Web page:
The company decided to reopen its plant, saving the jobs.
That is just one of the highlights during 30 years of work by the MRBC, which will celebrate its anniversary with a special program at
There still is a lot more work to do, however, and limited state funding makes fulfilling its mission increasingly difficult, said Renkenberger, who has served as MRBC executive director since
"A lot of people don't realize the level of flooding we have (had) hasn't risen to the level it could," he said.
The MRBC was created in 1986 by the
The MRBC focuses on using non-structural flood-mitigation methods, such as restoring wetlands to hold and slow down flood waters, installing filter strips along drainage ditches to slow water runoff and reduce erosion, and installing flood gauges to provide better river monitoring and flood warning capabilities, said Renkenberger, the organization's sole employee.
In addition, MRBC helps secure federal grants to offer voluntary buyouts to home and building owners in areas likely to flood, he said.
The MRBC service area originally contained about 9,000 properties in the flood zone, Renkenberger said. About 4,000 of those properties now are protected by diking, but about 5,000 were unprotected.
To date, the MRBC has helped acquire 269 homes in the Maumee basin and remove them from land at risk for flooding, he said. Many of those buyouts have taken place in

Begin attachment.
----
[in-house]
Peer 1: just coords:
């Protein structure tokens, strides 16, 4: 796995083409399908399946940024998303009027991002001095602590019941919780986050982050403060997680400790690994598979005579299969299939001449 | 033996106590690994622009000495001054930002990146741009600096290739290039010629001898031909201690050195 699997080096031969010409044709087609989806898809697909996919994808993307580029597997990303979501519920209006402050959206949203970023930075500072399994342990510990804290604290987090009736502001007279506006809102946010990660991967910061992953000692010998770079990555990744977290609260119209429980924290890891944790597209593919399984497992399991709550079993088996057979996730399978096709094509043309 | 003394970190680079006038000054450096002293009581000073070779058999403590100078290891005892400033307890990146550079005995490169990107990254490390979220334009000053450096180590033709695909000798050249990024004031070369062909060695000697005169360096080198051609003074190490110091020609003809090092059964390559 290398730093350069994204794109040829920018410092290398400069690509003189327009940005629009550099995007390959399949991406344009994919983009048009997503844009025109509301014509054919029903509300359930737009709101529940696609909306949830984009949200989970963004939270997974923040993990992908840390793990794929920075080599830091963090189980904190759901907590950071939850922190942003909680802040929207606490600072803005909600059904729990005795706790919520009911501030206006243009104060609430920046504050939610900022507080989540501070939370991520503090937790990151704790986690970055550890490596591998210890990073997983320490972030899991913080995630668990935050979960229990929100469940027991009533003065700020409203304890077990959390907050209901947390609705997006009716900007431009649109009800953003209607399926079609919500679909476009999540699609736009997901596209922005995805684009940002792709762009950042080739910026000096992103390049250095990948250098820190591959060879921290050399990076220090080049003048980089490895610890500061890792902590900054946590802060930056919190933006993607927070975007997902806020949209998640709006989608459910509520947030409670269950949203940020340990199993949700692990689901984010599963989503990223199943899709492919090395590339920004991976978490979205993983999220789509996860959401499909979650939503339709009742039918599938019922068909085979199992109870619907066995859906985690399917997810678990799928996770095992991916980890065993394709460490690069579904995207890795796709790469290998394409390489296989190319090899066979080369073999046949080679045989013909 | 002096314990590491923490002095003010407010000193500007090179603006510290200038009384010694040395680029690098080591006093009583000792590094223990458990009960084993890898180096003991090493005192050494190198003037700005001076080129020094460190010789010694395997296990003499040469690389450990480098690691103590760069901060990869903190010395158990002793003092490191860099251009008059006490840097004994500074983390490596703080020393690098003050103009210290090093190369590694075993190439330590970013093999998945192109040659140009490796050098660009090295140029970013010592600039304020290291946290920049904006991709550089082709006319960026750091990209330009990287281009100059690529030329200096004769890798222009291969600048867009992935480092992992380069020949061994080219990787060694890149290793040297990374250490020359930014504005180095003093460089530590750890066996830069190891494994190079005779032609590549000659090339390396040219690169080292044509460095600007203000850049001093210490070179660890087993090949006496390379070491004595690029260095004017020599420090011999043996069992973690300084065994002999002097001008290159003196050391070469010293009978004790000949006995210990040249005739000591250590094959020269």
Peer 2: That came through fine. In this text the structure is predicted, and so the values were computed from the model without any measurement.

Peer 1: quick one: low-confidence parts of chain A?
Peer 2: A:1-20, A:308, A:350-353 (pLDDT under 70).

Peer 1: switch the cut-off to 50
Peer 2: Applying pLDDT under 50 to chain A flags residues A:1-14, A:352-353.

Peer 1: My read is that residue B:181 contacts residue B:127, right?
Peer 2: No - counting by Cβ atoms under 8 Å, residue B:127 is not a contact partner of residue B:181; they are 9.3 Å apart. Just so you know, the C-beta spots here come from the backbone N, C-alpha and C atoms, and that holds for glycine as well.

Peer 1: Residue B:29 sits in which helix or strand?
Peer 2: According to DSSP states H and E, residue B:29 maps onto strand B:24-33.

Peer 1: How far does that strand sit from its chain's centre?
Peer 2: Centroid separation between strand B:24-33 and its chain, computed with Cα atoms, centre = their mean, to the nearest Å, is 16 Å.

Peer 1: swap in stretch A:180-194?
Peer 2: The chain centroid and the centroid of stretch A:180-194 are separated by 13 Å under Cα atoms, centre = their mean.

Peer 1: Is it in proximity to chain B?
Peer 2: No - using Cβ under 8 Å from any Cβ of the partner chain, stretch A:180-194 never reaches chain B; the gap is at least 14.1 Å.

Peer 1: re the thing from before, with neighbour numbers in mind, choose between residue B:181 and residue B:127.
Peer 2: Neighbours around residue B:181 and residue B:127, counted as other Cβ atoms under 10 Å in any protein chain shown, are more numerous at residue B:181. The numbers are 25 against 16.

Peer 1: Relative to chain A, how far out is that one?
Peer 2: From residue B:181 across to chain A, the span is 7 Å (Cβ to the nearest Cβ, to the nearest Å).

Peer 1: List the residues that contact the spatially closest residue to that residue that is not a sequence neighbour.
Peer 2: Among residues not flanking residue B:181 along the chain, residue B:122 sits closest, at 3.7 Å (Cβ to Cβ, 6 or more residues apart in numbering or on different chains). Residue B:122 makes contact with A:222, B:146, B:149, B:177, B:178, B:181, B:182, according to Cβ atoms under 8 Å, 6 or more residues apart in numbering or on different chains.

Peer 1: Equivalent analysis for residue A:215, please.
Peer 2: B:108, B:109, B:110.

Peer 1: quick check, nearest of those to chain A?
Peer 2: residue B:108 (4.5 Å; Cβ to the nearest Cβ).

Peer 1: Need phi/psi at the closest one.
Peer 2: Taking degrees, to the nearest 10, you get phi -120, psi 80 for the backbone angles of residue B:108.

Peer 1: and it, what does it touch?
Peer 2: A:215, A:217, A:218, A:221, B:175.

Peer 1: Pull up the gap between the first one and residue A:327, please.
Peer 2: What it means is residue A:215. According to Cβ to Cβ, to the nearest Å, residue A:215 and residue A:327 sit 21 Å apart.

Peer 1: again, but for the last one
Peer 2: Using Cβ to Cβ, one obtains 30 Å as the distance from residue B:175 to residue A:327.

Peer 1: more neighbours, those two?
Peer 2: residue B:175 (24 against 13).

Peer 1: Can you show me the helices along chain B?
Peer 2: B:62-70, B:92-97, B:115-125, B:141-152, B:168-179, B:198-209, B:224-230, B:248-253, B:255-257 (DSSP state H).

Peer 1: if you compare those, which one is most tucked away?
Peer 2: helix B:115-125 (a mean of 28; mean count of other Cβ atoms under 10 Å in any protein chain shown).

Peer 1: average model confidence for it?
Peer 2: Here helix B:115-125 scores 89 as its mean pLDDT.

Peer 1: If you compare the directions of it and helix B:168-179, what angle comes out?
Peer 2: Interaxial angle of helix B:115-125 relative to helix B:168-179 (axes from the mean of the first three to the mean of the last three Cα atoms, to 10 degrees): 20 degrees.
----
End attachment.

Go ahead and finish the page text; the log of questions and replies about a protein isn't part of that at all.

All of the buyouts are voluntary; MRBC doesn't have authority to condemn property, Renkenberger said.
To fund buyouts, MRBC works with local communities and the
The MRBC has helped with about a third of the more than 220 homes purchased and removed from the flood zone in
The city also has many more homes it would like to buy and remove from flood zones, especially in the Junk Ditch area in southwest
If the MRBC doesn't have the funding to help communities with the local match for
The state used to allocate
That typically leaves
He also hopes to ask for an additional
30th anniversary event
COST: No cost to attend program. It will be preceded by an invitation-only dinner. For information, email MRBC Executive Director
-- Stream restoration projects have removed logjams to keep water moving downsteam.
-- Improving the accuracy of flood maps, which in some areas has narrowed what is considered the flood zone, said
In cases of voluntary home buyouts, about 99 percent of the people relocate in the same community, Renkenberger said. That puts money into the local real estate market and tends to increase the value of nearby homes after the buyout home is removed.
"I wish somehow I could convince our legislators there are economic incentives to our program," Renkenberger said.
Another major challenge facing the MRBC involves the federal subsidy for flood insurance.
In the past, homes in flood zones that were built before the flood maps were created in the 1970s have qualified for a federal subsidy to help people pay for flood insurance, Renkenberger said. That subsidy now is being phased out at the rate of 18 percent per year over six years.
It's only the second year of the phase-out, but the MRBC already has gotten calls from people who say they can't afford their flood insurance premium, Renkenberger said. If flood insurance gets more expensive than a homeowner's mortgage payments, some people may just abandon their homes.
Renkenberger also voices concern about future development.
Most of the best land for development already has been taken, he said. If development is allowed to creep into the flood zone, it will pinch the stream and raise water levels upstream, spreading flooding over a larger area that in the past.
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